When film critics groups around the US started giving out their awards at the end of 2014, one name that came up again and again (and again and again) was J.K. Simmons for his role as the abusive teacher/mentor in Whiplash. There's a reason for that: it's a performance which simply will not be ignored. While the volcanic intensity of many scenes is what one most immediately remembers, what makes the character so effective is the way that Simmons is able to pull him back, to make him seem, at times, warm which in turn allows him to get past the defenses of his victim and make the victim feel as though he ought to keep working for his approval. The character is a master manipulator and Simmons' performance is so deep and nuanced that even after you see the emotional, psychological, and sometimes physical violence that he's capable of, you still find yourself wondering if maybe, just maybe, he isn't just a sadistic prick and really does have good intentions. As villains go, Simmons has created one that inspires an incredibly emotionally complicated reaction which provides the film with great psychological depth.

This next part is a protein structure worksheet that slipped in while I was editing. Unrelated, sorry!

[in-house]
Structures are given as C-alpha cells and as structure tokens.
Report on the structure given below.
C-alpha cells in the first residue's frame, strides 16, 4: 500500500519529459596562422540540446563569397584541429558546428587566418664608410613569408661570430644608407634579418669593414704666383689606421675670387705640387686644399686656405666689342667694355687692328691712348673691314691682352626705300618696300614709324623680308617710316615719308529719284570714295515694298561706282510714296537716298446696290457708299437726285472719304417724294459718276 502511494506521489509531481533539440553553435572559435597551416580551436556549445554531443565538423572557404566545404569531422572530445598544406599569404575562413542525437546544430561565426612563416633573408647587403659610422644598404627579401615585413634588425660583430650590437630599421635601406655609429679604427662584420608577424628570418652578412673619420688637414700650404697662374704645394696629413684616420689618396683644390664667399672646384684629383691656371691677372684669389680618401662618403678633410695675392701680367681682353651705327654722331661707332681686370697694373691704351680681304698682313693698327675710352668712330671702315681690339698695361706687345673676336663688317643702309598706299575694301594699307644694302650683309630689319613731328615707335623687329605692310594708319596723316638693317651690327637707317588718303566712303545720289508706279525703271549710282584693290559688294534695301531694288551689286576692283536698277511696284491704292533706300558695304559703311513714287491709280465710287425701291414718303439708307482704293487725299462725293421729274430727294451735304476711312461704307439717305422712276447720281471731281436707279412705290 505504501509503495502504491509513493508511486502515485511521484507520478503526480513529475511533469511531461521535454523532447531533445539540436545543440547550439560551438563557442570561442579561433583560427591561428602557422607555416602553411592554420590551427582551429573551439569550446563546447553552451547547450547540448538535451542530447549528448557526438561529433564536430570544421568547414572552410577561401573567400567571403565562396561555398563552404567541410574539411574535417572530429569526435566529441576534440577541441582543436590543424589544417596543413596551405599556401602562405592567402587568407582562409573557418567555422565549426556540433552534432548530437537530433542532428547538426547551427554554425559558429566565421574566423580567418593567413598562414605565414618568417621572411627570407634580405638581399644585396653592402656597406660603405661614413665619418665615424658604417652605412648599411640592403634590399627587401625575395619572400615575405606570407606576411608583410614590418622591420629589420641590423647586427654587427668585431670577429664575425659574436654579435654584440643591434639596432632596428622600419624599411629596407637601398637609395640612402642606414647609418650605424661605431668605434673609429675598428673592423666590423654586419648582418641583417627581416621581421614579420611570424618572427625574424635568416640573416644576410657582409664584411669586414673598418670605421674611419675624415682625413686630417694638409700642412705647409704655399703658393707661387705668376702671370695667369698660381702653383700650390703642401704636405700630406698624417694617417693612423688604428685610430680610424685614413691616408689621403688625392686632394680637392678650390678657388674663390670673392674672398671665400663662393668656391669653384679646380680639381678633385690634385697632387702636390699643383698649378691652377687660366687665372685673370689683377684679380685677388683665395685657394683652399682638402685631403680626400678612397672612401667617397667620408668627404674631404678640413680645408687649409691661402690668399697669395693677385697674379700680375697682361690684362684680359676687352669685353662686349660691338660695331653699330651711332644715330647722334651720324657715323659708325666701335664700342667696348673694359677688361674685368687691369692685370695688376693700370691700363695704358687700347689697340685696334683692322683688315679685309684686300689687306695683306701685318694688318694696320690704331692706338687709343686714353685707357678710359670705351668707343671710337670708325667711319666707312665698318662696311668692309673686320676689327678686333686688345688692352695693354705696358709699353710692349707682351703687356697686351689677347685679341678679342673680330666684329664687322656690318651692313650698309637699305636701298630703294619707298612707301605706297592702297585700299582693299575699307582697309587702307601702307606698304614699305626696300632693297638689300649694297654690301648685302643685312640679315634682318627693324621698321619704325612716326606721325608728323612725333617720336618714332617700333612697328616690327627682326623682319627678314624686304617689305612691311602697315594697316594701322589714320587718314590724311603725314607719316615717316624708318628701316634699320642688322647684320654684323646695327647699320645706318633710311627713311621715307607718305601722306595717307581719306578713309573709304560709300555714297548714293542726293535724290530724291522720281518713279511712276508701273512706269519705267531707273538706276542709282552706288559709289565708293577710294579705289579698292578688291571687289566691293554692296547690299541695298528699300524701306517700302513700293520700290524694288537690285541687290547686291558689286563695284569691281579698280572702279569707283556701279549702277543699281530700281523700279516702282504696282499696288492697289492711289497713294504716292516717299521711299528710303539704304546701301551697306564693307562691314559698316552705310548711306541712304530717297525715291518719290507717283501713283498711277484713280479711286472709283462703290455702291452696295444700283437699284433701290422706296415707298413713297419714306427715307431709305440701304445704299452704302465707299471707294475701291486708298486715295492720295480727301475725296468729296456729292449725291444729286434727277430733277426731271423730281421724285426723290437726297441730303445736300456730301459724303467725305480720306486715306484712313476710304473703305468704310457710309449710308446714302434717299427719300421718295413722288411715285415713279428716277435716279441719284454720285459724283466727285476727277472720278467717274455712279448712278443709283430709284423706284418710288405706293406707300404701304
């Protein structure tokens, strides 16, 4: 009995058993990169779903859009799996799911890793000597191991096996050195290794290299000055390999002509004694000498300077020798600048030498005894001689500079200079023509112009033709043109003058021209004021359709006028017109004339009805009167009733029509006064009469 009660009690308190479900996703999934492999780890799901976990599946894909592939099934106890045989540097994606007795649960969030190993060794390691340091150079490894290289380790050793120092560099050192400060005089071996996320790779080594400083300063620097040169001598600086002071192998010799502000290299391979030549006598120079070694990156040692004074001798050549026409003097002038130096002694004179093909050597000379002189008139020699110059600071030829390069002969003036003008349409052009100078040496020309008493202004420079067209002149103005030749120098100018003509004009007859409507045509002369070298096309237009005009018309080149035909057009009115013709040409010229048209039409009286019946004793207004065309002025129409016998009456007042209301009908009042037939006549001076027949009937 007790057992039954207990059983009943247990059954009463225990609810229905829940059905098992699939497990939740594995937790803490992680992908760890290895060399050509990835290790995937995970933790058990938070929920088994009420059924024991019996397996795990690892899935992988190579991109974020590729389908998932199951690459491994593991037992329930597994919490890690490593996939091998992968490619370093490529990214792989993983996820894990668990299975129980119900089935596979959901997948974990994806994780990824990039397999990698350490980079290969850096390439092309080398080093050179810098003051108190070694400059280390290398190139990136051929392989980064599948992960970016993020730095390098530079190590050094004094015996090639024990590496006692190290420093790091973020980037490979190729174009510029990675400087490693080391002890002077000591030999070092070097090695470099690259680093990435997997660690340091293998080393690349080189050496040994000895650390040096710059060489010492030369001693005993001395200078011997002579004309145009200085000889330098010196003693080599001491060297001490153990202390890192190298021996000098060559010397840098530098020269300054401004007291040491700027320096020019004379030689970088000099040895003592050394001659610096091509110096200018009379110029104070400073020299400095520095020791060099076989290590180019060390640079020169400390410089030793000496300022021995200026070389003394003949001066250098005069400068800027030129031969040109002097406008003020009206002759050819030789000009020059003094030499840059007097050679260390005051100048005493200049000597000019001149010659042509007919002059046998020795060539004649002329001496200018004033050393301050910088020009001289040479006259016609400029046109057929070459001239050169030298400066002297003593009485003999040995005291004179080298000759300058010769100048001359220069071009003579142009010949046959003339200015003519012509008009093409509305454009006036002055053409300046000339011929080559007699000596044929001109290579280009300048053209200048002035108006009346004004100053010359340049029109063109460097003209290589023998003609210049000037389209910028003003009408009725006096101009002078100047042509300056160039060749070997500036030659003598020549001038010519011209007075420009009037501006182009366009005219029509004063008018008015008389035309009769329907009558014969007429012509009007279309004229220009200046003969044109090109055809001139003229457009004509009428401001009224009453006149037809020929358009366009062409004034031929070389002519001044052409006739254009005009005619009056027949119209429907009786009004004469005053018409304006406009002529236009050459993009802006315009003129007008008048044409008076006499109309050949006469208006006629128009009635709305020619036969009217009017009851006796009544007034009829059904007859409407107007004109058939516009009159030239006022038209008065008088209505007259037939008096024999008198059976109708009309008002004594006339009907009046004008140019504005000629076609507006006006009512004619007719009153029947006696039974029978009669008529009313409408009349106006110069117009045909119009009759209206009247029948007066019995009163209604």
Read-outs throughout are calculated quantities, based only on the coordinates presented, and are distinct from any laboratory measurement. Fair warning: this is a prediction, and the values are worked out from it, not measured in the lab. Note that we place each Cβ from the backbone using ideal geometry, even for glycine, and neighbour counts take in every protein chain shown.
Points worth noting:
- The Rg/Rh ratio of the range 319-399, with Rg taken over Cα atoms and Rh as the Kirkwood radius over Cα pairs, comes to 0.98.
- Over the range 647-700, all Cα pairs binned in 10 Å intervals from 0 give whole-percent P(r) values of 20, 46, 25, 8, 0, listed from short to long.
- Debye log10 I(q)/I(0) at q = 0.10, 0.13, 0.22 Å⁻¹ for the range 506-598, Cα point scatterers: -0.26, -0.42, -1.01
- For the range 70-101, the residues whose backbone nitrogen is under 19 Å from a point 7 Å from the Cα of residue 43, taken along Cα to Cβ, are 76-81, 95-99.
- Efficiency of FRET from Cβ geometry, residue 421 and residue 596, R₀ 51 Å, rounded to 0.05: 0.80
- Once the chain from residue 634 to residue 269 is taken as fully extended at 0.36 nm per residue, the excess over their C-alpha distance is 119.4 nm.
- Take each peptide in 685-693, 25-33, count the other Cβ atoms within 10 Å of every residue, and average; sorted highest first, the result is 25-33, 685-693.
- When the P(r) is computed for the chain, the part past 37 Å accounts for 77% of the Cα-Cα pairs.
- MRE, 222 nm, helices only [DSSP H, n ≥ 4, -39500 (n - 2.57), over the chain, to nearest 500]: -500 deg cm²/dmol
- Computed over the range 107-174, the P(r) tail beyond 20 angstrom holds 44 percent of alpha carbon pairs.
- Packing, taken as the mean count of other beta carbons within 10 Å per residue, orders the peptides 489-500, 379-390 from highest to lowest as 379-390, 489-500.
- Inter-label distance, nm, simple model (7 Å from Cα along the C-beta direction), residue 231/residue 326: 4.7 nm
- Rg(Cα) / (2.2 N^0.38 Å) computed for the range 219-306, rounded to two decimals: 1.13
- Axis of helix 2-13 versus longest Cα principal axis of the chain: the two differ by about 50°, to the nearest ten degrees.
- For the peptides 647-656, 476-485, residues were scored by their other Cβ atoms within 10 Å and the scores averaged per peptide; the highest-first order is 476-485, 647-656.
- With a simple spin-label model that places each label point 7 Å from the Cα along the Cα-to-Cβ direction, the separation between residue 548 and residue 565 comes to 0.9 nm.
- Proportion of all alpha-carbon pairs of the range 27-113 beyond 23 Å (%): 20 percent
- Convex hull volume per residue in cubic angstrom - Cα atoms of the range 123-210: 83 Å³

Birdman is a high wire act from beginning to end, built around a story telling strategy that lends it a natural sense of urgency and intensity. As the man at the center of that story, Michael Keaton meets the film note for jazzy note. In a film which relies, in part, on the audience's association of Keaton with his Batman films, Keaton displays no vanity and instead throws himself completely into the role of an actor past his prime and trying desperately to hold on to some form of cultural relevance, taking the character to some incredible, embarrassing lows and some exhilarating, unbelievable highs. Keaton has kept a low profile as an actor for a while now and, if nothing else, Birdman is solid proof that despite that he remains one of the most versatile and electric performers working today.